The simple shapes each character is comprised of work oddly well with the complex painted landscapes (I’m having horrible flashbacks to the dead-eyed and wooden characters of Castlevania.) An impeccable color pallette and strong designs keep these disparate amounts of detail cohesive. Further, these simple shapes (completely unlike Castlevania) move fluidly and expressively. Despite the show using a wide variety of storyboarders (including Natasha Allegri and Pendleton Ward), designs are fairly consistent. This leads to some wonderfully tense moments, such as The Beast sliding stiffly into frame from behind a tree or the pupils of a man on the edge of madness (Cleese) suddenly dilating. In one remarkable scene, a character performs a number in a Cab Calloway, Fleisher Brothers-inspired style that mimics the uncanny effect of rotoscoping, maintaining the unsettling perspective without any of the goofy sloppiness that rotoscoping usually features.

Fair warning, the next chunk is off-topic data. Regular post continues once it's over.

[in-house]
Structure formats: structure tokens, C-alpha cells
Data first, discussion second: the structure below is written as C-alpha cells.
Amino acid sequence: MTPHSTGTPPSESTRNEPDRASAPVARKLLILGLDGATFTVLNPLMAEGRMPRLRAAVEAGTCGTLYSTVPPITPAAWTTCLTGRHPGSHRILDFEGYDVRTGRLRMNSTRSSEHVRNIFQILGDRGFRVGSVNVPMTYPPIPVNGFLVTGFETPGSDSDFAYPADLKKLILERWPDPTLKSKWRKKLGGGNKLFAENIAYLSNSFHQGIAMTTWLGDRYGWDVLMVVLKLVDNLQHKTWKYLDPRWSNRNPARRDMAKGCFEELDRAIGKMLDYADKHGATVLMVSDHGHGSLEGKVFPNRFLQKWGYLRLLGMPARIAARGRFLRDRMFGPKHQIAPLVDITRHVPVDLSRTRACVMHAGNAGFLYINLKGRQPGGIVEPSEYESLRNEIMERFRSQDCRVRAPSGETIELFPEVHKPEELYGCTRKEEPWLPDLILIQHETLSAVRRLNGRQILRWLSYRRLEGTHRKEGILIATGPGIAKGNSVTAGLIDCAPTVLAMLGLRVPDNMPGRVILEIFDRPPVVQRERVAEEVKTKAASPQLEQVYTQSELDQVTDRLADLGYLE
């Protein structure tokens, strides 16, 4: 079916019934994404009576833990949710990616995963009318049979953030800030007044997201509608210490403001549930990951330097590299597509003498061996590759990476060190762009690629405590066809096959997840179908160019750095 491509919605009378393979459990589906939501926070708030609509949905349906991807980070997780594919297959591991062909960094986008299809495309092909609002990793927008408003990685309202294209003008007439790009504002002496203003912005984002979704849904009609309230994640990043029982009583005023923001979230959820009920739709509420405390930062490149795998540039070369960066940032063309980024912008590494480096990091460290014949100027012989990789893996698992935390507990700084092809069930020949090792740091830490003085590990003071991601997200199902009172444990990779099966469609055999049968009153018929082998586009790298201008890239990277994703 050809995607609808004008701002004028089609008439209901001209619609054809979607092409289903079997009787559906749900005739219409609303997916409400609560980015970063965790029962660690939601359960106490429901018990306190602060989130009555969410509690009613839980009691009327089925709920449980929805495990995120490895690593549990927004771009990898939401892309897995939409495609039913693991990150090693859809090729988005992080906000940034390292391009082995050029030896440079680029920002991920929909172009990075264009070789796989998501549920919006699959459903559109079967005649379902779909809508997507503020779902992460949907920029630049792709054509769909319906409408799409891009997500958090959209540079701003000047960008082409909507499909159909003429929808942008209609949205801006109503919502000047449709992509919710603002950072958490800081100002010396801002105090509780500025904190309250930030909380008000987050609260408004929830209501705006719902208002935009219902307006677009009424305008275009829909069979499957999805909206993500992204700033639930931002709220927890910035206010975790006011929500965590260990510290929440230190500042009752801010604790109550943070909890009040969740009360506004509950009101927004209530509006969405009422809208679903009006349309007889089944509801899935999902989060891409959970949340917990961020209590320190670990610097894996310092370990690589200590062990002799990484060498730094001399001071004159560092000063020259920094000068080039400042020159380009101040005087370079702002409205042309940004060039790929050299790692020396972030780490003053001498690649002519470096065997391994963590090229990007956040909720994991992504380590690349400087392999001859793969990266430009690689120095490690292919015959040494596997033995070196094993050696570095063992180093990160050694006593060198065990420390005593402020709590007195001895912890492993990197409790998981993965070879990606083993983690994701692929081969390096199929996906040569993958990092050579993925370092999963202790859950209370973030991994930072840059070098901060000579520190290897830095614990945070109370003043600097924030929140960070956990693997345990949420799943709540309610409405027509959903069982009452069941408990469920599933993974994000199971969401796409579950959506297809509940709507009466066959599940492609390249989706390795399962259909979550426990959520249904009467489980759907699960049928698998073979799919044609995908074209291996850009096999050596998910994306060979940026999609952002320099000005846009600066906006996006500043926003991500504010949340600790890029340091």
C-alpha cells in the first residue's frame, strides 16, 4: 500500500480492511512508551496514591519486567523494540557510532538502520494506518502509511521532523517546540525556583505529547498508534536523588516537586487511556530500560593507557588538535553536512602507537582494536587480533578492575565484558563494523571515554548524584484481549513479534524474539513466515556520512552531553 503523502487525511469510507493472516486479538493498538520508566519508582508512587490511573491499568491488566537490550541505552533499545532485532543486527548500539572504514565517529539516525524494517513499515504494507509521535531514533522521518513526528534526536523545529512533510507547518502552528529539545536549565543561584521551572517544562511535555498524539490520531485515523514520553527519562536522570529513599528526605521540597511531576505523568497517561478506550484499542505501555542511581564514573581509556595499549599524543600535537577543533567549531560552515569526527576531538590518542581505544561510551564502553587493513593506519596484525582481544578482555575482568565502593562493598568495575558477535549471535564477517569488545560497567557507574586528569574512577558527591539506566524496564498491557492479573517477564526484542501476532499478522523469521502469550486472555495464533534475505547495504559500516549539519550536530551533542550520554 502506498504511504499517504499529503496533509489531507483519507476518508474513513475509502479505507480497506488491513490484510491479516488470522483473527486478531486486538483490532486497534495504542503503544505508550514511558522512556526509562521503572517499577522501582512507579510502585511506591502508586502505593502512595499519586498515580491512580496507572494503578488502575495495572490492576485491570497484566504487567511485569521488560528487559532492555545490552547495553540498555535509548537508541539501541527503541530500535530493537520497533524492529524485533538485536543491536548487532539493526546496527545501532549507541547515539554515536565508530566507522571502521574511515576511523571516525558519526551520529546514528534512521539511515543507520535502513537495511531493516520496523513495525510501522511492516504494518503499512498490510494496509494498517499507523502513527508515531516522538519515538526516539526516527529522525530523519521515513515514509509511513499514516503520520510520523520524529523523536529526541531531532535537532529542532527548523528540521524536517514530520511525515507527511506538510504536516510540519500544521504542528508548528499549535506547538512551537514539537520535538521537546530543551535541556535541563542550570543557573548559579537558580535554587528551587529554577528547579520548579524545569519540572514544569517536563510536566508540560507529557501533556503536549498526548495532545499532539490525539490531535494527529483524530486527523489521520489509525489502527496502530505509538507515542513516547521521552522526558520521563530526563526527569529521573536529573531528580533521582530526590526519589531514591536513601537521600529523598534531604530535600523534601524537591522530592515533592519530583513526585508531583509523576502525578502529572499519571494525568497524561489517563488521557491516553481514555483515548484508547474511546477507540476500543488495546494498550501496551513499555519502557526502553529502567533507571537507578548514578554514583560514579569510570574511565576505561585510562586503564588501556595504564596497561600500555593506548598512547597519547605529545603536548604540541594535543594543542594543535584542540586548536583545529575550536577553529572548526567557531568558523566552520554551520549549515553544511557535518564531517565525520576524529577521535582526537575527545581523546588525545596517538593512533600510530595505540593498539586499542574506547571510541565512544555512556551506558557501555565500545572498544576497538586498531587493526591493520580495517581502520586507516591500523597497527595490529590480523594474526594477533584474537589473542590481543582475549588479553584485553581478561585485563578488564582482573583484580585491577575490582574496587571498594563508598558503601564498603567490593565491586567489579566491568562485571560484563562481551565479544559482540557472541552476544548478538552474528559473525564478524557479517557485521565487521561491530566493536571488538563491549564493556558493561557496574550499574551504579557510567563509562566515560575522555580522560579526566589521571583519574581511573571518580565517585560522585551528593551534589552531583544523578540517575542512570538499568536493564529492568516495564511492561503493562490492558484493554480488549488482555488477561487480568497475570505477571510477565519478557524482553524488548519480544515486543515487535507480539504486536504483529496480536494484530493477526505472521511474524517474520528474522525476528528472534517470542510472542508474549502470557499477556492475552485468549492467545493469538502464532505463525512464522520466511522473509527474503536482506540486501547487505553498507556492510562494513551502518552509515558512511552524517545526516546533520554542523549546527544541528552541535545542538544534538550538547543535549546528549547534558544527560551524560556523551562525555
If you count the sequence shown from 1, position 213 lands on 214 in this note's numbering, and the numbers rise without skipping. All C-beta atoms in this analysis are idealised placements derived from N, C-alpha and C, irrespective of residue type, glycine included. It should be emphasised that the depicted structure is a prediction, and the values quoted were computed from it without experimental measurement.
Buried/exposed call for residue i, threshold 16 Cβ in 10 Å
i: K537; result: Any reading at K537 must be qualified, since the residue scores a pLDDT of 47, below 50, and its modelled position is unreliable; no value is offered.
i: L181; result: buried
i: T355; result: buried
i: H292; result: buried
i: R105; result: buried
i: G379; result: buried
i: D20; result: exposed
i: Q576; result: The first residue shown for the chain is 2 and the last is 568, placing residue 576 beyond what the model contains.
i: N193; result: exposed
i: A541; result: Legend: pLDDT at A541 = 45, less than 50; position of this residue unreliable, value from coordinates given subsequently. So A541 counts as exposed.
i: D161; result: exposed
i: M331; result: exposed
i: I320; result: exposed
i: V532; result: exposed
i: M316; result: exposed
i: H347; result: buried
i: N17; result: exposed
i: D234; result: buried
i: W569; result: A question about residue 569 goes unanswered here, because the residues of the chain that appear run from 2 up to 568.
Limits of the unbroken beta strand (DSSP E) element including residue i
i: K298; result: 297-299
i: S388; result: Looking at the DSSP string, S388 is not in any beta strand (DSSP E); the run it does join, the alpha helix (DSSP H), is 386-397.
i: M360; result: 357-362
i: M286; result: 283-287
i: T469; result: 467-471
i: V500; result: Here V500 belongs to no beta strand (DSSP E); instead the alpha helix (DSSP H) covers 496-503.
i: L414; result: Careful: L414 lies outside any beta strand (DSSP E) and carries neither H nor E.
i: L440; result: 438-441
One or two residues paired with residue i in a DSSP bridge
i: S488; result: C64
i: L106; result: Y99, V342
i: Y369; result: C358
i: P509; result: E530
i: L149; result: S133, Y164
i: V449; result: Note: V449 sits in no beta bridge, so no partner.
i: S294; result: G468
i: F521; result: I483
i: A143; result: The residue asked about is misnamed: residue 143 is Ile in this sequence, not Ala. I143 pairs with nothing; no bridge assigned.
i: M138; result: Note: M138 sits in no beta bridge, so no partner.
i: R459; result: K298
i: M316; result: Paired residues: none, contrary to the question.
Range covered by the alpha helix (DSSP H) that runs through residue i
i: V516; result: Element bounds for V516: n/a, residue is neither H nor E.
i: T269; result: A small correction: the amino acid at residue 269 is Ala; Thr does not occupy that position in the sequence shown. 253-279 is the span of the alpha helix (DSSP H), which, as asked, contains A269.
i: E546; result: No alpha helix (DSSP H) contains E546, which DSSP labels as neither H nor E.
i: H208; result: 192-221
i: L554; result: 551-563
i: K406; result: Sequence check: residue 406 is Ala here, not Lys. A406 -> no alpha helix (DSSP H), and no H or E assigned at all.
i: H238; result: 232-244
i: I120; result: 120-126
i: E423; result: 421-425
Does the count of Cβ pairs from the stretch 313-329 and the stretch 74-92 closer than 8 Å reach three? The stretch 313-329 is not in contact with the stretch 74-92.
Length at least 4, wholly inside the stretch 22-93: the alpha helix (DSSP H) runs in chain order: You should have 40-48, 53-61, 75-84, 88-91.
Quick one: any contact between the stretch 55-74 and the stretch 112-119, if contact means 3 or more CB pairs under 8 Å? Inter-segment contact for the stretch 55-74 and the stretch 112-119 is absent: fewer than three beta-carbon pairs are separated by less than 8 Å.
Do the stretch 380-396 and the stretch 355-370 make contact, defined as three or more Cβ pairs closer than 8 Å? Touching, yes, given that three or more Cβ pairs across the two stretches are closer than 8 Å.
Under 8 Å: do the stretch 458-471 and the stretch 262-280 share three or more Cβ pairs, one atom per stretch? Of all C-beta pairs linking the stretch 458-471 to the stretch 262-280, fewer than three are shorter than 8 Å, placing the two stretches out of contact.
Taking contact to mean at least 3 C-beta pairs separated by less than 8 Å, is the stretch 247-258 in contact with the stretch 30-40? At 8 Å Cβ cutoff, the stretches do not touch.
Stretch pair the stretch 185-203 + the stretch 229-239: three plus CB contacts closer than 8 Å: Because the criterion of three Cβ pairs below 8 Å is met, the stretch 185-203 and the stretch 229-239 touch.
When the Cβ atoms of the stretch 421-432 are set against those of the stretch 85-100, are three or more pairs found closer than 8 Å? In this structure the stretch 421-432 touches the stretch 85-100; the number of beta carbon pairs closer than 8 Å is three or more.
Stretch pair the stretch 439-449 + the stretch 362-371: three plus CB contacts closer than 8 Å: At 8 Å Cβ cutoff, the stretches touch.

Over the Garden Wall was a part of McHale’s life since 2004, and as some old fable about a turtle and a rabbit or whatever teaches us, slow and steady wins the race. In fact, the inexplicable black turtles that can be found throughout the series could be read as a comment on this: slow and meticulous progress through life might seem like a cumbersome bore, but it can contribute to truly incredible success. McHale has not lead his own project since this miniseries, and with any luck, that means he’s been occupied with some new idea that’s been working its way into a fully realized form for nine years. Or maybe, this piece was all he had to say through the medium of animation, and he’s happy to continue working on other projects. The latter possibility is a bit sad, sure, but I know that I’m ready for the unknown. 




IN A NUTSHELL: Over the Garden Wall offers a quintessential Autumn viewing experience, both in scenery and spooks. But viewers will walk away remembering the quirky humor, vintage music, and unforgettable characters.





Shain Slepian is a screenwriter, script consultant, and content creator with a life-long love of animation and media analysis. Their work can be found on Medium, Left Voice, and on their YouTube channel, TimeCapsule. Shain's book, Reframing The Screenwriting Process, is available on Amazon.